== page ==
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HALL OF FAME: United Nations
International Strategy for Disaster Reduction

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The United Nations International Strategy for Disaster Reduction (UN-ISDR) is the leading international body aiming to address disaster risk reduction and building resilience capacity in nations and communities.

(www.unisdr.org)

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In March 2015 it achieved a major milestone by getting 187 nations to sign the Sendai Framework for Disaster Risk Reduction: 2015-2030. This major international agreement is on a level of importance comparable to the 1992 UN Framework for Climate Change. Although much broader in hazards scope that just climate-related, the Sendai Framework is referenced in the COP21 Paris Agreement, which contained the strongest ever call for climate adaptation.

[/vc_column_text][vc_column_text letter_spacing=””]UN-ISDR’s work has been building-up for over 20 years with two prior agreements, the Yokohama Strategy (1994) and the Hyogo Framework for Action (2005). Strategic focus gradually broadened from humanitarian aid, to disaster response, to disaster risk management and mitigation. In the process UNISDR has engaged a wide range of stakeholders, including governments, businesses and civil society, to pursue its purpose. Its biannual Global Platform for Disaster Risk Management conferences provide a point of reference for setting specific targets and assessing progress. This combines with the biannual Global Assessment Report in documenting issues, challenges and results.

The Sendai Framework contains seven targets, one of which is reducing disaster economic losses. It sets four priorities for action, three of which are understanding hazard risk, private and private investment in greater resilience and ‘building back better’ post-disaster. It makes over 30 references to the private sector, more than any prior agreement. The built environment is addressed extensively, including ‘building better from the start’, using universal design principles, building materials standardization, revising existing standards and developing, implementing and enforcing more disaster-resilient building codes.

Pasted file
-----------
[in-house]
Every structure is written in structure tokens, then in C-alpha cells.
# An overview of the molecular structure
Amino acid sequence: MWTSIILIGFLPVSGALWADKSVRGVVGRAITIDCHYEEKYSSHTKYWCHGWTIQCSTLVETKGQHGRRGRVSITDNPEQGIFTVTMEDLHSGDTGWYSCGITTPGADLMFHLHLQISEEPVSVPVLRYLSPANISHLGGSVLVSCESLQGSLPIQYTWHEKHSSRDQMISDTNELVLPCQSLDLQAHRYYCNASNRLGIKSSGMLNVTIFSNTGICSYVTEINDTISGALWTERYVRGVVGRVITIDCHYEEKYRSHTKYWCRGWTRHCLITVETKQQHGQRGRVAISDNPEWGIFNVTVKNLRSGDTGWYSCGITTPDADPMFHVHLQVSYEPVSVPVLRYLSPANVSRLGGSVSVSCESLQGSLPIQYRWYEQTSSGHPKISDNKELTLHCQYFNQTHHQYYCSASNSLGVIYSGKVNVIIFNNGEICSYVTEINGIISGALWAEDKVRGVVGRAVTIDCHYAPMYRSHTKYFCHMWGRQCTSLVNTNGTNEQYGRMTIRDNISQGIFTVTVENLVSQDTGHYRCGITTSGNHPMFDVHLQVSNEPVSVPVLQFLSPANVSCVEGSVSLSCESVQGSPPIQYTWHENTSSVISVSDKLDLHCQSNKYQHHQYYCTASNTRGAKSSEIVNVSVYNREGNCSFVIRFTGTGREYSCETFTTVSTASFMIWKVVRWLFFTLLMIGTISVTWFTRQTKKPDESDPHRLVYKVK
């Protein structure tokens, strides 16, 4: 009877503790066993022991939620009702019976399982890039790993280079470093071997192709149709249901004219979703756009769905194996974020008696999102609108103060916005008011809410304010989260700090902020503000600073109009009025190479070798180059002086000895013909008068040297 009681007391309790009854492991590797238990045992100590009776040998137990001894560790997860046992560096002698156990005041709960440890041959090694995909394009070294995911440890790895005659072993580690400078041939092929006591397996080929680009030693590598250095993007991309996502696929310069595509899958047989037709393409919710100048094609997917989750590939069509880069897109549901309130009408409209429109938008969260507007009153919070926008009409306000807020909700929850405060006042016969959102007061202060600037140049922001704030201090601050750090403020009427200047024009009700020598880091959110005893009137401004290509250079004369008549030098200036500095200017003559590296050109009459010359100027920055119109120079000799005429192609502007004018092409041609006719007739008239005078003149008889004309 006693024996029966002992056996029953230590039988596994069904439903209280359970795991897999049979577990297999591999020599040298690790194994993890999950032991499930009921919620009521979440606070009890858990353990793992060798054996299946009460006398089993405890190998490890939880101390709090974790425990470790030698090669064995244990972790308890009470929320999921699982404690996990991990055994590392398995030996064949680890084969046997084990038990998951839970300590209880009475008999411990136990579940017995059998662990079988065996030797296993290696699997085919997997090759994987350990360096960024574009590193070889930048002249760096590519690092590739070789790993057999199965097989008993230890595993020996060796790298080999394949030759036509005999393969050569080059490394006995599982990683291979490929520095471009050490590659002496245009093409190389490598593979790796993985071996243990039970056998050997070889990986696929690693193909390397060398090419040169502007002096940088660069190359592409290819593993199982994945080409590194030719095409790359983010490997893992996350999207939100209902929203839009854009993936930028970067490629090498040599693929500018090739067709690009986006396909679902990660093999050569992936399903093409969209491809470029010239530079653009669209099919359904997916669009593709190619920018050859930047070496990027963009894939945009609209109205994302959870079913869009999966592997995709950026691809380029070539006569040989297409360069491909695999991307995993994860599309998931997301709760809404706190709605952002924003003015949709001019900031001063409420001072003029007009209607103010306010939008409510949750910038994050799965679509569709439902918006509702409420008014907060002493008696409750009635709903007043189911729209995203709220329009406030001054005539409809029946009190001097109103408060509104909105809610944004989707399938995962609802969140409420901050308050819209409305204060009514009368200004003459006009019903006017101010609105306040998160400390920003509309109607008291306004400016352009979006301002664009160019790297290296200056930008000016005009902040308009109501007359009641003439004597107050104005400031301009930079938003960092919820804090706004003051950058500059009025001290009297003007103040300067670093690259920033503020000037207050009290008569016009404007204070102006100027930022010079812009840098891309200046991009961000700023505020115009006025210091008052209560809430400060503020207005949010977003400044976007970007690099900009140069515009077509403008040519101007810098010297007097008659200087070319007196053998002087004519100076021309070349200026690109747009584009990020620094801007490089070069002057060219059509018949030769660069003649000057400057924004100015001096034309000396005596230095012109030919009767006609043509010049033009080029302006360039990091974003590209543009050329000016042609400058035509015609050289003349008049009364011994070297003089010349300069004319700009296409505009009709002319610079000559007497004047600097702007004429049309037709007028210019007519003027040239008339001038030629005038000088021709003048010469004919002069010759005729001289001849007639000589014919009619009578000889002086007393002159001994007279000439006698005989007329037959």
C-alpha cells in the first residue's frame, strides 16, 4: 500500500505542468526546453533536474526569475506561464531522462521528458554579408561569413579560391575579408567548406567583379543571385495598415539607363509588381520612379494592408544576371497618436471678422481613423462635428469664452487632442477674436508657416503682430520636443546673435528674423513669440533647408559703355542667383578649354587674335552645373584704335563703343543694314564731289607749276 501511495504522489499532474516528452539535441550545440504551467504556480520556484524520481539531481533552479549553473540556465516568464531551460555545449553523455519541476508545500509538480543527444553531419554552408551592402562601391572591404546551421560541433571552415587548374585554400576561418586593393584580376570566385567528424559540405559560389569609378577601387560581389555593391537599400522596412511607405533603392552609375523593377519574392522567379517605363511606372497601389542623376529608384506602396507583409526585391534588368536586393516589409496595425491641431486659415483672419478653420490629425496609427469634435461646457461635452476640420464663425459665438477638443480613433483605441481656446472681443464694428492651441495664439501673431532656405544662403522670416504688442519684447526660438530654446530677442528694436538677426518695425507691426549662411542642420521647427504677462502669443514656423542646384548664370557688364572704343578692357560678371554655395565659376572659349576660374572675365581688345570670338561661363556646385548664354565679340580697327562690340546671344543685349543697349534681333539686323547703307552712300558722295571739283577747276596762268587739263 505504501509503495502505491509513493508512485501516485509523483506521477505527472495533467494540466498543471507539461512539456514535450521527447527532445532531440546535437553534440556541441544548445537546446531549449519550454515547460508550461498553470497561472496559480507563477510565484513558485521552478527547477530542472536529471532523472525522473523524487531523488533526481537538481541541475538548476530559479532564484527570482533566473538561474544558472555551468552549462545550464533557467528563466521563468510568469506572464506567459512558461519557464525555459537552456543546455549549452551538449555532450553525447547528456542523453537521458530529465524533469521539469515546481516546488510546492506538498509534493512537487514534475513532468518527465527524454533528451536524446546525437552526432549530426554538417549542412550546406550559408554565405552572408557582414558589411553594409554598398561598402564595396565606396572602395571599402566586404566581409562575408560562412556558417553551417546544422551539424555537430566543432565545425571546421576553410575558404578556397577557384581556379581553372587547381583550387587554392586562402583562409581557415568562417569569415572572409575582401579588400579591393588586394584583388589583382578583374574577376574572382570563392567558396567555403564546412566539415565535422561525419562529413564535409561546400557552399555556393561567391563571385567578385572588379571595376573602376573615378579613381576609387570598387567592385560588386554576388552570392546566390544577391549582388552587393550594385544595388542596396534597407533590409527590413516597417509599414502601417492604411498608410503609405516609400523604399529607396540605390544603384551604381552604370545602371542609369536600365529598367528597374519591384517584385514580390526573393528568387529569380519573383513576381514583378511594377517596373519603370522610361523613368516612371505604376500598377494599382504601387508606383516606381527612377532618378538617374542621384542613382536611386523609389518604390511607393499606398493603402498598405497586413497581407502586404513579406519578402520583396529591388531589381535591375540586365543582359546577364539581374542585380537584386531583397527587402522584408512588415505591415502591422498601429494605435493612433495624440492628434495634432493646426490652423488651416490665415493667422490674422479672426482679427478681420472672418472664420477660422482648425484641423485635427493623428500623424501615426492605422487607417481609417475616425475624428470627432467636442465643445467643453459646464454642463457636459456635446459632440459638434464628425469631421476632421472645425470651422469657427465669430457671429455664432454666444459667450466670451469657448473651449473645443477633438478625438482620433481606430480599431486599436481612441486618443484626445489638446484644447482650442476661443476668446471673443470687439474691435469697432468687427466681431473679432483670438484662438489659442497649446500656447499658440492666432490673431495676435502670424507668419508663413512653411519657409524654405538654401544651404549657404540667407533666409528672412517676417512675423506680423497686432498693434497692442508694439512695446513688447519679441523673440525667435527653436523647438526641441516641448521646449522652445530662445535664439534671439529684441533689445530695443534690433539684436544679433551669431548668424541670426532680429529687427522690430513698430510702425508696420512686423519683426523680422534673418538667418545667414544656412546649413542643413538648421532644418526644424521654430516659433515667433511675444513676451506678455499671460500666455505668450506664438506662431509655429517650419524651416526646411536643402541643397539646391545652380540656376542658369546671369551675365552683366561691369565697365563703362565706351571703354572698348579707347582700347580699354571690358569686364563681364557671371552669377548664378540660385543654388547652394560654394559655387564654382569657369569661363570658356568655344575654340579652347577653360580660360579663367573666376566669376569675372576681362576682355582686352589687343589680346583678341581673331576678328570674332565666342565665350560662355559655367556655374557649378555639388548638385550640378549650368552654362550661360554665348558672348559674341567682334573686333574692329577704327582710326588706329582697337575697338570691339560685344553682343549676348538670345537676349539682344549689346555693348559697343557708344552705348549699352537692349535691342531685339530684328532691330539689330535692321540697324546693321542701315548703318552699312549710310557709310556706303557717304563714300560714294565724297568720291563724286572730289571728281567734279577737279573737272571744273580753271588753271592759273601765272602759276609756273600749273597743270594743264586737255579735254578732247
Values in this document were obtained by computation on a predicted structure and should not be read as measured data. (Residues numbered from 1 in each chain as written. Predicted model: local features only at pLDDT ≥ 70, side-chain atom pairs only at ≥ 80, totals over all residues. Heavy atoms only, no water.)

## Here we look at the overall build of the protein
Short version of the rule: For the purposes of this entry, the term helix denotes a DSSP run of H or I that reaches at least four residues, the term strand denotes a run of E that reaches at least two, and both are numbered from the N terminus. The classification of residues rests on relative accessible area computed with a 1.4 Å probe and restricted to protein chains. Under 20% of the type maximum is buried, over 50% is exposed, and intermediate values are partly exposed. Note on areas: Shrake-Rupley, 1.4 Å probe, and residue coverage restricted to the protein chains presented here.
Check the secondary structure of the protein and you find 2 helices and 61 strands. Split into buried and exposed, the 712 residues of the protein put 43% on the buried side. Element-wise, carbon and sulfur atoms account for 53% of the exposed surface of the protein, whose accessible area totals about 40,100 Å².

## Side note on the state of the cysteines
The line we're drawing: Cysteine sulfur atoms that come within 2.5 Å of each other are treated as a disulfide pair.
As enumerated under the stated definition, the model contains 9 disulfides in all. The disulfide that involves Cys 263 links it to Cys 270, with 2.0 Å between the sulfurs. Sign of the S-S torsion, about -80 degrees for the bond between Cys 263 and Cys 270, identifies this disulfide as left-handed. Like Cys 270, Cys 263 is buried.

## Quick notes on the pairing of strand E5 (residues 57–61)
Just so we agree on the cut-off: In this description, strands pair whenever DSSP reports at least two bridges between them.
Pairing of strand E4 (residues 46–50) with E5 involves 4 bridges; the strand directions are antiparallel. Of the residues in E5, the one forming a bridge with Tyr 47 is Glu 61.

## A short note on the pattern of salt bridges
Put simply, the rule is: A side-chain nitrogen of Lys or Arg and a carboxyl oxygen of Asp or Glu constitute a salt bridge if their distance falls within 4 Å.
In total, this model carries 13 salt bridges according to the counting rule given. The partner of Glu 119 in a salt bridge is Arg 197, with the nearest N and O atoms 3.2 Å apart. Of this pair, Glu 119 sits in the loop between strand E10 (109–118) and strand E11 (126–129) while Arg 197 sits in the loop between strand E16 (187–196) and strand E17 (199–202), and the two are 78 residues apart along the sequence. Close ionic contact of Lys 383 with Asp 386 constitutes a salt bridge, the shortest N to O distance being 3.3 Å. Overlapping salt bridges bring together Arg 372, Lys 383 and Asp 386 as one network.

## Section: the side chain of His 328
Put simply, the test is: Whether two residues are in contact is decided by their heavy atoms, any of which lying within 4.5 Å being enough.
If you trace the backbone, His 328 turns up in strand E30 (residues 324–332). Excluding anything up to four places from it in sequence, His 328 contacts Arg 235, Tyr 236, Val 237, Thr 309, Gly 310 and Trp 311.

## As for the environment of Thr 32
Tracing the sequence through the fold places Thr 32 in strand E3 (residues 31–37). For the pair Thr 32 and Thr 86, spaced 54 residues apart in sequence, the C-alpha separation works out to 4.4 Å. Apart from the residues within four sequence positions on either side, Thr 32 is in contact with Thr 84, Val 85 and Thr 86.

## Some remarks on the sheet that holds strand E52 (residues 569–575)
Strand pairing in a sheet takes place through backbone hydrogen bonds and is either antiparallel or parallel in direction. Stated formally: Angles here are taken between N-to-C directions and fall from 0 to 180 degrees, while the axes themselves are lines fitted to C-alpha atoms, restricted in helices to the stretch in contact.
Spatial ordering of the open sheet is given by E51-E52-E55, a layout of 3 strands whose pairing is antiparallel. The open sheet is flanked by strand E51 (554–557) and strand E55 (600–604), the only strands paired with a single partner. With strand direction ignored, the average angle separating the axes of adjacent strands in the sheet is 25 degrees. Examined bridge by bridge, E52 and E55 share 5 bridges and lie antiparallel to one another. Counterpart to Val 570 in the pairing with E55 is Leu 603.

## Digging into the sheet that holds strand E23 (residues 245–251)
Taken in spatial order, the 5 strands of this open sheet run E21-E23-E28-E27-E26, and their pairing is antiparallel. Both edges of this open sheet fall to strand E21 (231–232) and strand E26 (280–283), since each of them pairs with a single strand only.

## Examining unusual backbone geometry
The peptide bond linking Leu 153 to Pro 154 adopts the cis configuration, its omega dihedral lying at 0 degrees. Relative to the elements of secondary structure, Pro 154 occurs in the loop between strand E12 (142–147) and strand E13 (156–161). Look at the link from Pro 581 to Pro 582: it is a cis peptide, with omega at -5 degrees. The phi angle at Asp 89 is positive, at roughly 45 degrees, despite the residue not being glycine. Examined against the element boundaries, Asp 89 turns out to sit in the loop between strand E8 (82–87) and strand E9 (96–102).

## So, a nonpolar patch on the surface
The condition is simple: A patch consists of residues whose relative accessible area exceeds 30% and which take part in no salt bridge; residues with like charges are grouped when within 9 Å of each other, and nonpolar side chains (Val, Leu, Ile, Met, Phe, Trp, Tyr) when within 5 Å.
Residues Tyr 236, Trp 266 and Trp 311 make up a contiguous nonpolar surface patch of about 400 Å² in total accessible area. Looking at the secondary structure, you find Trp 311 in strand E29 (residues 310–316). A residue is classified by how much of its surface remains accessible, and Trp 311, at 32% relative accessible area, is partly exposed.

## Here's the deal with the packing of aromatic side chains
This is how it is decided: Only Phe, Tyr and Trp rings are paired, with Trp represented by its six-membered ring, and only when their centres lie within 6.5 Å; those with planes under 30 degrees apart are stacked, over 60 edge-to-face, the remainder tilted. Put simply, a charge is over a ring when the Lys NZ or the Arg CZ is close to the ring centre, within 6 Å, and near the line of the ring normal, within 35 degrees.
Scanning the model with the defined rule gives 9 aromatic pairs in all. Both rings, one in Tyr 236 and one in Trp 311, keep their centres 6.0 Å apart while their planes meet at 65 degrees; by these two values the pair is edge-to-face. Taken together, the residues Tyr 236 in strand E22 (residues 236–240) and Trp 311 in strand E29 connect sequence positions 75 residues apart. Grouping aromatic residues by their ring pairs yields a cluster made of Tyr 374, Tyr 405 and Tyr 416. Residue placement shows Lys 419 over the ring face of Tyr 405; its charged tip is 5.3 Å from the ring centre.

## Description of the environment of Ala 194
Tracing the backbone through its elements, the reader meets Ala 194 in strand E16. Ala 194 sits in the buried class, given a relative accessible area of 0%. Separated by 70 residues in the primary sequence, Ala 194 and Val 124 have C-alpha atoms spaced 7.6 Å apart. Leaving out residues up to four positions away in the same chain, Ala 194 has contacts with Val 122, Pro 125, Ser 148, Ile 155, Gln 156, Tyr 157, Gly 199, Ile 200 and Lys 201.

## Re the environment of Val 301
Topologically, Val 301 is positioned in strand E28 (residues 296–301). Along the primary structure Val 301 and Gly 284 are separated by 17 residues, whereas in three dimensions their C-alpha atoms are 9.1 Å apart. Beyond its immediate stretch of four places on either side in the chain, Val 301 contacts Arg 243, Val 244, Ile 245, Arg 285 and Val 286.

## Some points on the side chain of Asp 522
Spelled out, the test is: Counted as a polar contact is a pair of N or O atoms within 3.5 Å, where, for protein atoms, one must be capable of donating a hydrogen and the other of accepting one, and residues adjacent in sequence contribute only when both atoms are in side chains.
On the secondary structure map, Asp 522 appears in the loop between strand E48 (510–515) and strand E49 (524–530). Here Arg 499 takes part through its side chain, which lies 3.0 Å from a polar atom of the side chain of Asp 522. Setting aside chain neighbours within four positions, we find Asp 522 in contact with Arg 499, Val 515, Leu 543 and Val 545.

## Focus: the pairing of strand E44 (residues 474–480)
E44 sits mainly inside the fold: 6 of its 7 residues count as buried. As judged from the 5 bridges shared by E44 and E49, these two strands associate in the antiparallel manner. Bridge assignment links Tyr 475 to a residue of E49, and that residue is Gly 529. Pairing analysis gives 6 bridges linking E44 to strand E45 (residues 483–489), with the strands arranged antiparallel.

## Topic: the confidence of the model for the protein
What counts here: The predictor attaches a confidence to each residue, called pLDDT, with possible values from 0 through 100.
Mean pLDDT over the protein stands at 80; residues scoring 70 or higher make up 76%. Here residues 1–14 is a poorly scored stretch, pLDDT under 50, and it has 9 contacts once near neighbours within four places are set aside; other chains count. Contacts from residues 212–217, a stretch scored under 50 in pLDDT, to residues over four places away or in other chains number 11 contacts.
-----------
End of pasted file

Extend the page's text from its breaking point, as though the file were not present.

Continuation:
To affect the economic drivers of investment, it calls on financial institutions, regulators and accounting bodies to develop standards and integrate disaster risk management into their business and financial models. It asks international and regional developmental banks to consider disaster resilience in their lending practices. Finally it calls on media to take an active role in raising public awareness, disseminate accurate risk information and stimulate a culture of prevention. Unfortunately, compared to other global issues, the Sendai Framework still remains below the radar screen. Media have yet to widely publicize its importance and calls-to-action, and thus the general public remains largely uninformed.

We salute UN-ISDR for boldly raising the banner and seeding a global resilience movement that in the coming decades will change the way governments, businesses and societies invest in and value resilience.

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Additional Hall Items

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Hall of Fame

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Hall of Shame

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